Many people notice that their arthritis symptoms get worse at night. While doctors do not fully understand why it worsens at night, this likely occurs due to changes in hormone and cytokine levels.

It is common for pain to get worse at night. A 2020 study found that online searches for information about pain management peaked between 11:00 p.m. and 4:00 a.m.

Doctors do not fully understand why arthritis pain often worsens at night, but possible causes involve changes in the levels of hormones and cytokines, which are cell-signaling proteins, in the body. Daytime arthritis medication, which some people take during the morning, may also wear off by the evening.

In this article, we examine why arthritis pain gets worse at night and how it disrupts sleep. We also provide tips on ways to improve sleep.

A person experiencing symptoms of arthritis at night.Share on Pinterest
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Researchers have several theories to explain why many people with arthritis experience worse pain at night.

One theory is that the body’s circadian rhythm may play a role. In people with rheumatoid arthritis (RA), the body releases less of the anti-inflammatory chemical cortisol at night, increasing inflammation-related pain.

Other processes may also intensify RA pain, including the nighttime release of pro-inflammatory cytokines, an increased number of cells traveling to inflamed tissue, and changes in the body’s immune response.

Additionally, the body releases higher levels of melatonin and prolactin at night, both of which can cause an increase in inflammatory cytokines.

A person’s arthritis inflammation and pain may worsen if:

  • they are already in pain when they go to bed
  • their mattress or pillow puts pressure on their joints and irritates their arthritis
  • they have other risk factors for insomnia, such as high stress levels or drinking caffeine before bed

Many studies show a link between arthritis and sleep deprivation. People with arthritis may have trouble falling asleep and staying asleep. They may also report lower quality sleep due to the pain that the condition causes.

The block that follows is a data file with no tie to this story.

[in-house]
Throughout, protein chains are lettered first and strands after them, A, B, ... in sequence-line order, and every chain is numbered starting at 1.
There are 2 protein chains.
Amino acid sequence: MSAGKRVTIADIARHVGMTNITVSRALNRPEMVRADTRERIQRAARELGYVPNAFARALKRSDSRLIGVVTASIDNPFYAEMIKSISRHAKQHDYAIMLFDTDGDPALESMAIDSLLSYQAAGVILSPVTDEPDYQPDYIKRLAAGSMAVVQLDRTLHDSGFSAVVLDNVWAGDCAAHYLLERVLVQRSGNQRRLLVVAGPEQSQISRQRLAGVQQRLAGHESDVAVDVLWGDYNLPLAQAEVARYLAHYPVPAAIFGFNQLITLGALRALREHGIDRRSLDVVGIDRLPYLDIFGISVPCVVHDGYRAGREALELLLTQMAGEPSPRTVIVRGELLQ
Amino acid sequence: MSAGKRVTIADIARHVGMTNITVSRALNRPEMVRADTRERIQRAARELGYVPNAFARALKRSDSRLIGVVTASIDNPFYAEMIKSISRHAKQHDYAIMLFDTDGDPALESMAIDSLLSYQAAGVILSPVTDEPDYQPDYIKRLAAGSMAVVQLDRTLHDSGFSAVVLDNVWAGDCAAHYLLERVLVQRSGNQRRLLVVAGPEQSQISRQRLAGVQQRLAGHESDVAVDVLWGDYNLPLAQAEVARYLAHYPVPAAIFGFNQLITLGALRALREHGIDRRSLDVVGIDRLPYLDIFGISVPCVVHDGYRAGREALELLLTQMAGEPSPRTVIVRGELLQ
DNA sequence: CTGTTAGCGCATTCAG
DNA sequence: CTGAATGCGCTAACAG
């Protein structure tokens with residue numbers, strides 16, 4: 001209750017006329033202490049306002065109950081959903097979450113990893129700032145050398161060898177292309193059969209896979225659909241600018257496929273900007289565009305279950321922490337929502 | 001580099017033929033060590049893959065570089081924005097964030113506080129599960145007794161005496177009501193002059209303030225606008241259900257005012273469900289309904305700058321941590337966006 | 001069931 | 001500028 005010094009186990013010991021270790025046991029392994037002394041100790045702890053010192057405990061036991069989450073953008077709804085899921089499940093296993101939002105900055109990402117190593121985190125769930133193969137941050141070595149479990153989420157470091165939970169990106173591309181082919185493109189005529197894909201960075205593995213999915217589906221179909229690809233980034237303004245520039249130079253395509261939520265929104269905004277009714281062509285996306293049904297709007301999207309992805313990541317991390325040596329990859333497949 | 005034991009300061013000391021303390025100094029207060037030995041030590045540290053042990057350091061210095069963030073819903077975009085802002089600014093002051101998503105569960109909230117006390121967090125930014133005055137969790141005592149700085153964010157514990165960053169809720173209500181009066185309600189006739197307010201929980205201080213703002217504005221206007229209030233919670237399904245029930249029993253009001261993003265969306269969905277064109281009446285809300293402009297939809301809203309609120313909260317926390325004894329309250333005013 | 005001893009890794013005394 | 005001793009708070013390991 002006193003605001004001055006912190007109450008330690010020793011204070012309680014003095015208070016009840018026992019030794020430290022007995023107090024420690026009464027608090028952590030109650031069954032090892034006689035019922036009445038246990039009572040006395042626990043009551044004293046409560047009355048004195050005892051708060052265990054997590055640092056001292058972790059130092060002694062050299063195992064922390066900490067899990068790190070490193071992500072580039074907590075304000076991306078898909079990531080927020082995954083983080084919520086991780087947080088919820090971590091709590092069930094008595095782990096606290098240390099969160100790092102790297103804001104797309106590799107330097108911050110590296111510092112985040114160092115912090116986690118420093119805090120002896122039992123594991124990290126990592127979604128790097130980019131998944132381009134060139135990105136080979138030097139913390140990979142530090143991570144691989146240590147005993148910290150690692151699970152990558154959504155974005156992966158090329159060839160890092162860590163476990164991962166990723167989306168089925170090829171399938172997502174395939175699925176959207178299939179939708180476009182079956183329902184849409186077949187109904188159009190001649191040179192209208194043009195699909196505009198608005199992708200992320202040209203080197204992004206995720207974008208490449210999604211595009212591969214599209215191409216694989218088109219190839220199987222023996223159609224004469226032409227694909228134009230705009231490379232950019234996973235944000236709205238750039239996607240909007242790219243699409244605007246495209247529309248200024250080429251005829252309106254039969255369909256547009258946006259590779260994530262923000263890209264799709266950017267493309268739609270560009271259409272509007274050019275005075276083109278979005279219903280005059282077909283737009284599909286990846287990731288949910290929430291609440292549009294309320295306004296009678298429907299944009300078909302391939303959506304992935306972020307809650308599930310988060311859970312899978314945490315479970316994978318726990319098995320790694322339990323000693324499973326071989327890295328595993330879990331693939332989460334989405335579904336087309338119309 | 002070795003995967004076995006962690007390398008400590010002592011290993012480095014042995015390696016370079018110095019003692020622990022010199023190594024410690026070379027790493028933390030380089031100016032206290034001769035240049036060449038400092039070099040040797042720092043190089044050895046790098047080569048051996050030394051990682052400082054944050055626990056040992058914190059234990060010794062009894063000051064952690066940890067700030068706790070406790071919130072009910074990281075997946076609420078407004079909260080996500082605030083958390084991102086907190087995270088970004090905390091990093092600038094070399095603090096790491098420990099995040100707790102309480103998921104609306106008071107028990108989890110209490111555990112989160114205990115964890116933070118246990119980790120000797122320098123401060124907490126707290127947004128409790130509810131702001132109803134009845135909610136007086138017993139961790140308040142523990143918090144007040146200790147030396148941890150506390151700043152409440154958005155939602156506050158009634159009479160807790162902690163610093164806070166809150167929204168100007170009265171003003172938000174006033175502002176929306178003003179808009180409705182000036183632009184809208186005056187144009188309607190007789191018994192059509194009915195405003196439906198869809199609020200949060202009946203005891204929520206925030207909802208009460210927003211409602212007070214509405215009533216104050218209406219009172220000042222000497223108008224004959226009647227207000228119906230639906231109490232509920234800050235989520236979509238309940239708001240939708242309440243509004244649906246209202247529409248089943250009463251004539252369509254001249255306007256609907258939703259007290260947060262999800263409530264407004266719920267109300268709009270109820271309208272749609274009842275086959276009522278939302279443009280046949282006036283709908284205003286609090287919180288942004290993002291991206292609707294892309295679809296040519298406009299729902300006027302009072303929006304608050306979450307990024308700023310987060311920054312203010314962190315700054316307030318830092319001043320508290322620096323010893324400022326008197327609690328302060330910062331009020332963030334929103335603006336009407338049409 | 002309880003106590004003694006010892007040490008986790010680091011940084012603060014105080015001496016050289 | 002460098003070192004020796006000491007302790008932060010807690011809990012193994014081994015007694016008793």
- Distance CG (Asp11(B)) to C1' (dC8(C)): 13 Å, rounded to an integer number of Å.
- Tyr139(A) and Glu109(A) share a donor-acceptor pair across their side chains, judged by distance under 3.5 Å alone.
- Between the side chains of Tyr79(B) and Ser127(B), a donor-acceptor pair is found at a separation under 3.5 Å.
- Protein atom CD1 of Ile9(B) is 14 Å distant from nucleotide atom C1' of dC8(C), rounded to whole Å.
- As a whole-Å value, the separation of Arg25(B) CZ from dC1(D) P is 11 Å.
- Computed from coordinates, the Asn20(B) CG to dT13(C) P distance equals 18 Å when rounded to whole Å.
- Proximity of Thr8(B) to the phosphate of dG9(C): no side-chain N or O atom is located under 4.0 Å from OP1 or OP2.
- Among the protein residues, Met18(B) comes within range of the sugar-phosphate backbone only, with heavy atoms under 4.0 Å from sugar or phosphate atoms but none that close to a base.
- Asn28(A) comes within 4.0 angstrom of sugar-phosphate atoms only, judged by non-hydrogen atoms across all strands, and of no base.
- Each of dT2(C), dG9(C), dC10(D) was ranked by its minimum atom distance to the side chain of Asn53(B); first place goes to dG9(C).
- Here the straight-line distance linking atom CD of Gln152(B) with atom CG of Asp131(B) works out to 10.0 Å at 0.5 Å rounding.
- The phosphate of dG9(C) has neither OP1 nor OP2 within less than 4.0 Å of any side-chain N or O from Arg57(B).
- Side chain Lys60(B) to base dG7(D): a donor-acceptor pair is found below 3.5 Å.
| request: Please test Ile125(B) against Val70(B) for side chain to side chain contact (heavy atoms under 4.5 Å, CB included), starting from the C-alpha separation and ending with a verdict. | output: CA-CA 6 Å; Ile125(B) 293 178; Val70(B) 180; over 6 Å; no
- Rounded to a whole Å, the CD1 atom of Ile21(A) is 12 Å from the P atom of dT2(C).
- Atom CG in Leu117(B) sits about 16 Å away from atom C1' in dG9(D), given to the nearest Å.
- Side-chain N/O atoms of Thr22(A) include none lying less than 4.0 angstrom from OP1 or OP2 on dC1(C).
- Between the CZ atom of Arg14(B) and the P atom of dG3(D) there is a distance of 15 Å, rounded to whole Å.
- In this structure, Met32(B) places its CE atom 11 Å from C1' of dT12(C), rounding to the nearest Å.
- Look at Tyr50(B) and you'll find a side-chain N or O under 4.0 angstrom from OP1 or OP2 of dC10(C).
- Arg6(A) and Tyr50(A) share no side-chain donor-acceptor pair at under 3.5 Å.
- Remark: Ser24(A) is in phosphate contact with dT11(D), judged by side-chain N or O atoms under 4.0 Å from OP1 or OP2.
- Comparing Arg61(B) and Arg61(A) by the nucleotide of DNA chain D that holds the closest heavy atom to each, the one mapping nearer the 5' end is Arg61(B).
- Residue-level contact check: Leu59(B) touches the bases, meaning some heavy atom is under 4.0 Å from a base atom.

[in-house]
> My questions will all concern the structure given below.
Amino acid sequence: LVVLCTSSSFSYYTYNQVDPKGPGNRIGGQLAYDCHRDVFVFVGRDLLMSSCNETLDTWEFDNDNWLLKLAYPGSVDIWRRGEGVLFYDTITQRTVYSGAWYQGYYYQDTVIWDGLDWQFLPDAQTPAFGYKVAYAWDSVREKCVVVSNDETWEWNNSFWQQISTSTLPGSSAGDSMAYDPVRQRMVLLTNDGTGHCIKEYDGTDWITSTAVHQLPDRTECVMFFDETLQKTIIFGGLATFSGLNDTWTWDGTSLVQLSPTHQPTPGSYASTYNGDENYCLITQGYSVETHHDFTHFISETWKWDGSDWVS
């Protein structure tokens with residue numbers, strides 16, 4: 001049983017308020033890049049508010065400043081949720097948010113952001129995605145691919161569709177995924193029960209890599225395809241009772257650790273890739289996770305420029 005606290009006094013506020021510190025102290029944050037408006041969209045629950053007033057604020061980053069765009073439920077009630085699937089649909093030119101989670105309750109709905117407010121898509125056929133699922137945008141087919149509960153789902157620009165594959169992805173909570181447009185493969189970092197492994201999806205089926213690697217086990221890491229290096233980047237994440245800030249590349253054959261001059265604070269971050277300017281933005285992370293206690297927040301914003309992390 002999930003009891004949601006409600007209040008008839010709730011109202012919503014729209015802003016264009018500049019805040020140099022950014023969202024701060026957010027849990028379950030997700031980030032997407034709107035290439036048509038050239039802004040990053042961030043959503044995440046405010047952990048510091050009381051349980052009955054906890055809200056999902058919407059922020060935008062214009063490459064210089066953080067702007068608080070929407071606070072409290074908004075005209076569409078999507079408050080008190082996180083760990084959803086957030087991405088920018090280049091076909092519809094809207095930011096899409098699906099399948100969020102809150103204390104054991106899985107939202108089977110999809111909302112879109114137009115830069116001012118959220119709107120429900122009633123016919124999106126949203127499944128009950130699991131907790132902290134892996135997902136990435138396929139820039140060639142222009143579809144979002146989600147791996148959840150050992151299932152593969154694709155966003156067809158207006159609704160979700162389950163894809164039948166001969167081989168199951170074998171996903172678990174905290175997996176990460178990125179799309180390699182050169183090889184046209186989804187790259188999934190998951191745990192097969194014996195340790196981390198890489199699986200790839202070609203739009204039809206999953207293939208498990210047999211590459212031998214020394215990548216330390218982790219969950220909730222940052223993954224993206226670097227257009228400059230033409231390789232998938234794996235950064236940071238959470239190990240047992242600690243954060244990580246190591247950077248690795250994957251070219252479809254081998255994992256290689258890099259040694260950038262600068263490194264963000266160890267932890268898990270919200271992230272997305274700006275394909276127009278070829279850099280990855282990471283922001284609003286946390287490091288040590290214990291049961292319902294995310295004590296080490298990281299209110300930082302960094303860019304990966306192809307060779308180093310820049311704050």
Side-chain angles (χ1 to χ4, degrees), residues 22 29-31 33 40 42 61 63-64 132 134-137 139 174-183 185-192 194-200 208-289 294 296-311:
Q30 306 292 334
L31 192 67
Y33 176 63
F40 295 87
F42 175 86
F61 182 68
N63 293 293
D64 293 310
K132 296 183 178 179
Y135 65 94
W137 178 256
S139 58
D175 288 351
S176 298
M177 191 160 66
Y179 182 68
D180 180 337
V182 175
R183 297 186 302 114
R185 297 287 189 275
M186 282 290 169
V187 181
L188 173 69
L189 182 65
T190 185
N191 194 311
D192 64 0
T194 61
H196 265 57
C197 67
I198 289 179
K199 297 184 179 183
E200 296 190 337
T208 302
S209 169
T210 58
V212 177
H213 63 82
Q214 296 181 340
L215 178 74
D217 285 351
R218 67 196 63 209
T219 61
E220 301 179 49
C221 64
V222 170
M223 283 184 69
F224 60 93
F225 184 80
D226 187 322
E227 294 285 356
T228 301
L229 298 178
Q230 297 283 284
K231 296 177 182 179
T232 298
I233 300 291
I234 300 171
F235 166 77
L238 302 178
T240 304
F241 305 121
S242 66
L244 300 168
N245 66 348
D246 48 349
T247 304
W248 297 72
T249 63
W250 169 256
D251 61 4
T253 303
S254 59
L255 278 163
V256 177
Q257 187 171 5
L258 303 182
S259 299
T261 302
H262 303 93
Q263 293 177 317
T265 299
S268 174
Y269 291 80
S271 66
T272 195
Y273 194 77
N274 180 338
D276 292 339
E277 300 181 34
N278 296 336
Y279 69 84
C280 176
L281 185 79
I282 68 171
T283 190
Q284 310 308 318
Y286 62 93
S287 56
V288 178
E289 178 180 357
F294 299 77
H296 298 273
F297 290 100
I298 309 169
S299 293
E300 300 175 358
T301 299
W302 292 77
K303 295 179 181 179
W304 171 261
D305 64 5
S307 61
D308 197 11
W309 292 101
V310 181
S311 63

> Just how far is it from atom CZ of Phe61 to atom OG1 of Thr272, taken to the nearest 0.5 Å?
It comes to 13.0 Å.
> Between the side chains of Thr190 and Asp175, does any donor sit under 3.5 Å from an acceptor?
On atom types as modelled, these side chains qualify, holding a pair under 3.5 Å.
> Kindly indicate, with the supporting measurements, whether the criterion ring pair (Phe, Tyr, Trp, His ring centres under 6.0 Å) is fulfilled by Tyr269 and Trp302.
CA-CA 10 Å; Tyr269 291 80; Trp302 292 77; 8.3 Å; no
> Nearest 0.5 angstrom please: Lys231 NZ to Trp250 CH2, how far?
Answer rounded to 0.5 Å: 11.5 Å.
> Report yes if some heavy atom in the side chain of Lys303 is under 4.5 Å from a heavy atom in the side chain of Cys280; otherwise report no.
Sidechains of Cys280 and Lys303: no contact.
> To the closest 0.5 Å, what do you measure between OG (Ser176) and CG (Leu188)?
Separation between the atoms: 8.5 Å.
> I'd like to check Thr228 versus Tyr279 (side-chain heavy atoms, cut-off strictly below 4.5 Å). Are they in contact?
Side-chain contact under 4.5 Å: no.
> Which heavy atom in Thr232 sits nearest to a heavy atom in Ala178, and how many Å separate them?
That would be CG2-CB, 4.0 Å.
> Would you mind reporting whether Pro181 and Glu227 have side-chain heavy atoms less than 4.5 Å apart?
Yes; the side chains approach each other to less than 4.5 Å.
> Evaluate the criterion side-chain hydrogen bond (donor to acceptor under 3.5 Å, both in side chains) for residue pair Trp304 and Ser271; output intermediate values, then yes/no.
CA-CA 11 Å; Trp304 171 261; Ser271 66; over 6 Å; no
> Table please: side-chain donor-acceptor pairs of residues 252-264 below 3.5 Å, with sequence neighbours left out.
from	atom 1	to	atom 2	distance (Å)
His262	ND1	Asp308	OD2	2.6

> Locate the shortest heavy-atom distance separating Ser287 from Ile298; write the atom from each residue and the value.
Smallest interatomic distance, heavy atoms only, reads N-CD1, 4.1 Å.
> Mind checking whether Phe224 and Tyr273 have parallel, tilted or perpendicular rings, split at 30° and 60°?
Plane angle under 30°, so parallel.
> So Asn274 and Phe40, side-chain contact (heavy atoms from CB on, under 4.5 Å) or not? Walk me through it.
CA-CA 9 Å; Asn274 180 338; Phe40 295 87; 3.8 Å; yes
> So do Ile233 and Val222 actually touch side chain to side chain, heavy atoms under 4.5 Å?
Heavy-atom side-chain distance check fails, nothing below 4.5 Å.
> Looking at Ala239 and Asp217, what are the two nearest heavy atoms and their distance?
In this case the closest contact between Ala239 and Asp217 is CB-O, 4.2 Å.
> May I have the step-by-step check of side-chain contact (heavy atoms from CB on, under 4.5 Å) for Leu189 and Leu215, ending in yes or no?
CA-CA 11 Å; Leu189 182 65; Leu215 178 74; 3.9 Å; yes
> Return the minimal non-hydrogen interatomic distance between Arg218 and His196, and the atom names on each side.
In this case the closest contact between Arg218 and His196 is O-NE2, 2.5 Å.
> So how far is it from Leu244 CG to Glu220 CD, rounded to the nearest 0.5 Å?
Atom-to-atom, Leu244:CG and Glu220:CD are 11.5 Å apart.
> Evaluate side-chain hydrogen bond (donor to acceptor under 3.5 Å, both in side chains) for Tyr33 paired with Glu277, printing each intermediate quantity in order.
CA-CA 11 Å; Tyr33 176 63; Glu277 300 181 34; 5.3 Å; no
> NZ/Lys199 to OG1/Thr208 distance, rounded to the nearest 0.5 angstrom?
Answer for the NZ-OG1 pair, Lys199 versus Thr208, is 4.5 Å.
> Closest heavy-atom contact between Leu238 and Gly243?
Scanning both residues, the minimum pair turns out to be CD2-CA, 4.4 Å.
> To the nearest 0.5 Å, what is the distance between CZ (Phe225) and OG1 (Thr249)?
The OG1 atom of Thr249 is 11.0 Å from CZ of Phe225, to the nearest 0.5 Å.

A 2021 study involving 133 people with arthritis and 76 matched controls found that 54.1% of people with arthritis reported poor sleep quality. The issues included:

  • greater difficulty falling asleep
  • shorter periods of sleep
  • poor sleep quality
  • more daytime problems related to poor quality sleep

A 2018 study reached a similar conclusion. The researchers compared 178 people with arthritis — 120 with RA and 58 with osteoarthritis (OA) — with 51 people with no arthritis. The rate of insomnia was comparable between the OA and control groups, at 32% and 33%, respectively. However, insomnia was significantly more prevalent among the RA group, affecting 71% of these participants.

Both studies also found a link between arthritis and mental health. People with arthritis were more likely to report marital problems and experience depression, suggesting that insomnia may be a reaction not only to arthritis but also to stress.

The link between arthritis pain and sleep goes in both directions. For example, arthritis can make it difficult to sleep, but sleep deprivation can also worsen arthritis pain. A 2018 study found that pain intensified as sleep worsened. In addition, a 2017 study found that people with knee OA who had poor quality sleep were more likely to ruminate on their pain.